Soil Health

Western Australian (WA) soils have formed as part of one of the oldest and most stable land surfaces on Earth. Consequently, our soils tend to be highly weathered and of low fertility. Soil types are highly variable across the state depending on geomorphology, climate, hydrology and vegetation cover. WA soils range includes deep sands, duplex soils, gravels, loams and heavy clay.

The pressure on growers to produce ever higher yields has exacerbated a number of soil health issues. Further information provided via the links below may help you identify and treat soil health issues on your property.

Soil Acidity

Soil acidity affects more than 70% of soils across the Southwest of Western Australia and is a natural consequence of agriculture caused by the removal of plant material (pasture and crop), application of nitrogen fertilisers and leaching of nitrates…read more

Wind Erosion

Wind erosion is a seasonal issue, particularly in medium to low rainfall areas where the main landuse are annual crops and pastures that leave paddocks bare and susceptible over warm dry summers and early autumn…read more

Soil Organic Carbon

Organic carbon improves soil quality through assisting many physical, chemical and biological processes. It influences soil colour, nutrient holding capacity, nutrient turnover and stability…read more

Soil Biology

Soil is a complex and dynamic habitat for soil organisms. Beneficial biological activity is heavily dependent on organic matter which provides a food supply for many organisms and this is influenced by land use, soil chemical composition and climate…read more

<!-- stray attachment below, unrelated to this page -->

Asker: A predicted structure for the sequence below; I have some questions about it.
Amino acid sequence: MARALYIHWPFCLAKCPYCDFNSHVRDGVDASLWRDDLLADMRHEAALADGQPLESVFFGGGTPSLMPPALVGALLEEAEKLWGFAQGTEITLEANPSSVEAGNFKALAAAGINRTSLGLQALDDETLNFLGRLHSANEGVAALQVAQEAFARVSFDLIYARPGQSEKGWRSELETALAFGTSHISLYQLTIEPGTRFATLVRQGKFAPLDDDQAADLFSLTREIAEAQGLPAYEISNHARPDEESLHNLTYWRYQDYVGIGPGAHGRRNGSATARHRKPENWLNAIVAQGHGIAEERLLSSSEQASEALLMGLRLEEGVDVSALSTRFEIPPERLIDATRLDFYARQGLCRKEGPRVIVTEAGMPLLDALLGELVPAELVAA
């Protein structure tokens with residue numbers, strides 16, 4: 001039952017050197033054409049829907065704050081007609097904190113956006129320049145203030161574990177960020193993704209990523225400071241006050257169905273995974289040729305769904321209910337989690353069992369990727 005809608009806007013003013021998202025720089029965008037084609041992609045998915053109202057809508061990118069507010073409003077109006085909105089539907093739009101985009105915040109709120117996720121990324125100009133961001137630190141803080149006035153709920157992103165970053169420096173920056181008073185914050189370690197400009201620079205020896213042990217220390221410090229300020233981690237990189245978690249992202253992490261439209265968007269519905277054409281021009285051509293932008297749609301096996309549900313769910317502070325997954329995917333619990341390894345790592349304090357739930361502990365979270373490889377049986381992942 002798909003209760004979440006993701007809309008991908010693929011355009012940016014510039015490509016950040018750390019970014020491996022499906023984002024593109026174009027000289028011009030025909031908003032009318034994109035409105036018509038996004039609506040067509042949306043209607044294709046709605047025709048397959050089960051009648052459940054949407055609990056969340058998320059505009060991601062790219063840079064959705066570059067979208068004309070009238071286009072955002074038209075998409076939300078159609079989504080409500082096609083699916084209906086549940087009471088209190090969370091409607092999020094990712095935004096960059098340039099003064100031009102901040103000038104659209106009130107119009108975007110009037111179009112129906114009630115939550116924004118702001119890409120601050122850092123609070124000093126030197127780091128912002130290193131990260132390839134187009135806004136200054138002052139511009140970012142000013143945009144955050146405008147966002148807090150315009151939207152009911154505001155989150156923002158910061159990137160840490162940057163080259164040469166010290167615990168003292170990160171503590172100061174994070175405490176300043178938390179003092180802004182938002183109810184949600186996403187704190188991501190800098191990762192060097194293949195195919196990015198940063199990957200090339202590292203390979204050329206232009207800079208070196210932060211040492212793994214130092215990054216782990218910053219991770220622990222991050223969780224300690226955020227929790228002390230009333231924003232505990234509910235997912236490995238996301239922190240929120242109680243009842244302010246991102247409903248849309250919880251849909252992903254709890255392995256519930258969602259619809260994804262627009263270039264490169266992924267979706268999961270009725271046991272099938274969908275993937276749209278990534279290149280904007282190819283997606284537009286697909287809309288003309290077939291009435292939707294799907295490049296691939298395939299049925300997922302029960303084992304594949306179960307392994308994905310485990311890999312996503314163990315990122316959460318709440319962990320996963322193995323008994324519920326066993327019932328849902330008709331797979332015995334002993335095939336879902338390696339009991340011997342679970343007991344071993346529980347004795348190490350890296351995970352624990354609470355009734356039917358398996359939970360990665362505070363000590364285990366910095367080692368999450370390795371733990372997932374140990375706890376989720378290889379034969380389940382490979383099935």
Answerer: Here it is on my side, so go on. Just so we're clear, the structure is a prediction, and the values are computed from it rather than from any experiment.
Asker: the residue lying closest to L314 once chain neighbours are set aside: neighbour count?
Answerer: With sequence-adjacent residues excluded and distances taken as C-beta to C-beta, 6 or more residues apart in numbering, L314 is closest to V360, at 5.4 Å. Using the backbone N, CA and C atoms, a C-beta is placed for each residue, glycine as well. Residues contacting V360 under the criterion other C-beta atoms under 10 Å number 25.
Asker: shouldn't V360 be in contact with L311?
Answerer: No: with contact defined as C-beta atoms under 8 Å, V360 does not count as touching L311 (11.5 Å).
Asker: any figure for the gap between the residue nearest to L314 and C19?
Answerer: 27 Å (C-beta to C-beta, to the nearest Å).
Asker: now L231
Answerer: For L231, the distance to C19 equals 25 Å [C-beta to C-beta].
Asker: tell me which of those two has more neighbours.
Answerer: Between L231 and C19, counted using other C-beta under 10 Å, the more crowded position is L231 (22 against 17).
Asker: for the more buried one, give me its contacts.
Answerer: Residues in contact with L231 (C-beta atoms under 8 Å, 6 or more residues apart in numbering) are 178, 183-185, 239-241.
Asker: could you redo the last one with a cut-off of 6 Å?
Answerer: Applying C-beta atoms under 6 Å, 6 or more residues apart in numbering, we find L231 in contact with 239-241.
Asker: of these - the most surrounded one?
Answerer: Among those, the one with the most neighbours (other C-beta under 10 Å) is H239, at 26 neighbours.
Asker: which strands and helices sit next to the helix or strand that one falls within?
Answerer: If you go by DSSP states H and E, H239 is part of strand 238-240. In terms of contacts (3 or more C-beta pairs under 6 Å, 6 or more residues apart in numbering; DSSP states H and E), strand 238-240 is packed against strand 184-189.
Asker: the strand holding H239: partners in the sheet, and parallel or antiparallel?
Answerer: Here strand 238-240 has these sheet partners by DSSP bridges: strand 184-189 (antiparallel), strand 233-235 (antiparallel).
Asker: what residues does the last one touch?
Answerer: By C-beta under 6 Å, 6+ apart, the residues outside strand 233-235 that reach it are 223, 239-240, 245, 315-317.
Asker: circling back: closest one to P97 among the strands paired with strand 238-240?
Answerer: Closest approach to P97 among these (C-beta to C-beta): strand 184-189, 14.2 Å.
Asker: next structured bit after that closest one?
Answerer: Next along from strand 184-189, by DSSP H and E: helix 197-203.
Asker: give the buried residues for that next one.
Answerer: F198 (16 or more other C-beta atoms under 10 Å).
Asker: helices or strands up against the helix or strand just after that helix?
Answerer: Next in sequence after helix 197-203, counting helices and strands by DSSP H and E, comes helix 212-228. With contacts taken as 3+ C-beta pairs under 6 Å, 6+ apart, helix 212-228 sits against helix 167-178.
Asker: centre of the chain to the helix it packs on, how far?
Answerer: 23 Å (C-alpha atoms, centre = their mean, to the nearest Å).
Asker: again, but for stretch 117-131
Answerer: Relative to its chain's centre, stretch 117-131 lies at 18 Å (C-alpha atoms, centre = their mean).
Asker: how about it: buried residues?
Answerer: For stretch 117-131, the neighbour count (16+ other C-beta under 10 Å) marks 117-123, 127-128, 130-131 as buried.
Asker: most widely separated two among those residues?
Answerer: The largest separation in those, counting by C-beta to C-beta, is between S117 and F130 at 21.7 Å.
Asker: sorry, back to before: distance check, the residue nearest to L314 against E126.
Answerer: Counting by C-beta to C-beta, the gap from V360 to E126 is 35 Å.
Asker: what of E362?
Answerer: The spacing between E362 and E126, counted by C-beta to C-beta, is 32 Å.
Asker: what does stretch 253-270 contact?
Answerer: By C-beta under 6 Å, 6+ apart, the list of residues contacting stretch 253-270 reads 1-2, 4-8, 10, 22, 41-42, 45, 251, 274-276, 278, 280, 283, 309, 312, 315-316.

Soil Structure Decline

Soil structure decline is a phenomenon caused mainly by excessive tillage. DPIRD estimates the cost of lost crop and pasture production from subsoil compaction at $330 million for WA’s agricultural soils…read more

Water Repellence

In WA an estimated 5 million hectares are affected or have the potential to be affected by water repellence. Sandy soils with less than 5% clay are most at risk of water repellence…read more

Dryland Salinity

Dryland salinity refers to all soils in non-irrigated areas that have become saline as a result of clearing for agriculture resulting in a rising watertable that draws ancient salt deposits the surface and more


References and Resources

Department of Primary Industries and Regional Development (DPIRD). Accessed 27 February 2018. ‘Soil acidity in Western Australia.’

McKenzie, N. et al. 2017. ‘Priorities for improving soil condition across Australia’s agricultural landscapes.’ CSIRO.
Soil Quality

Wheatbelt NRM. 2013. Wheatbelt NRM Soil Health Guide.

Australia Wide Farm Trials Search Engine: Online Farm Trials


Useful Contacts for Technical Advice

Australian Organics Recycling Association (AORA):

Australian Sandalwood Network:

Corrigin Farm Improvement Group (CFIG):

Department of Primary Industries and Regional Development (DPIRD):

Facey Group:


Grains Research and Development Corporation (GRDC):

Greening Australia (WA):

Integrity Soils:

Liebe Group:

Manaaki Whenua Landcare Research:

Merredin and Districts Farm Improvement Group (MADFIG):

Soil CRC: 

Soils for Life:

Southwest Agroforestry Network (SWAN):

Western Australian No-Tillage Farmers Association (WANTFA):

Wines of Western Australia: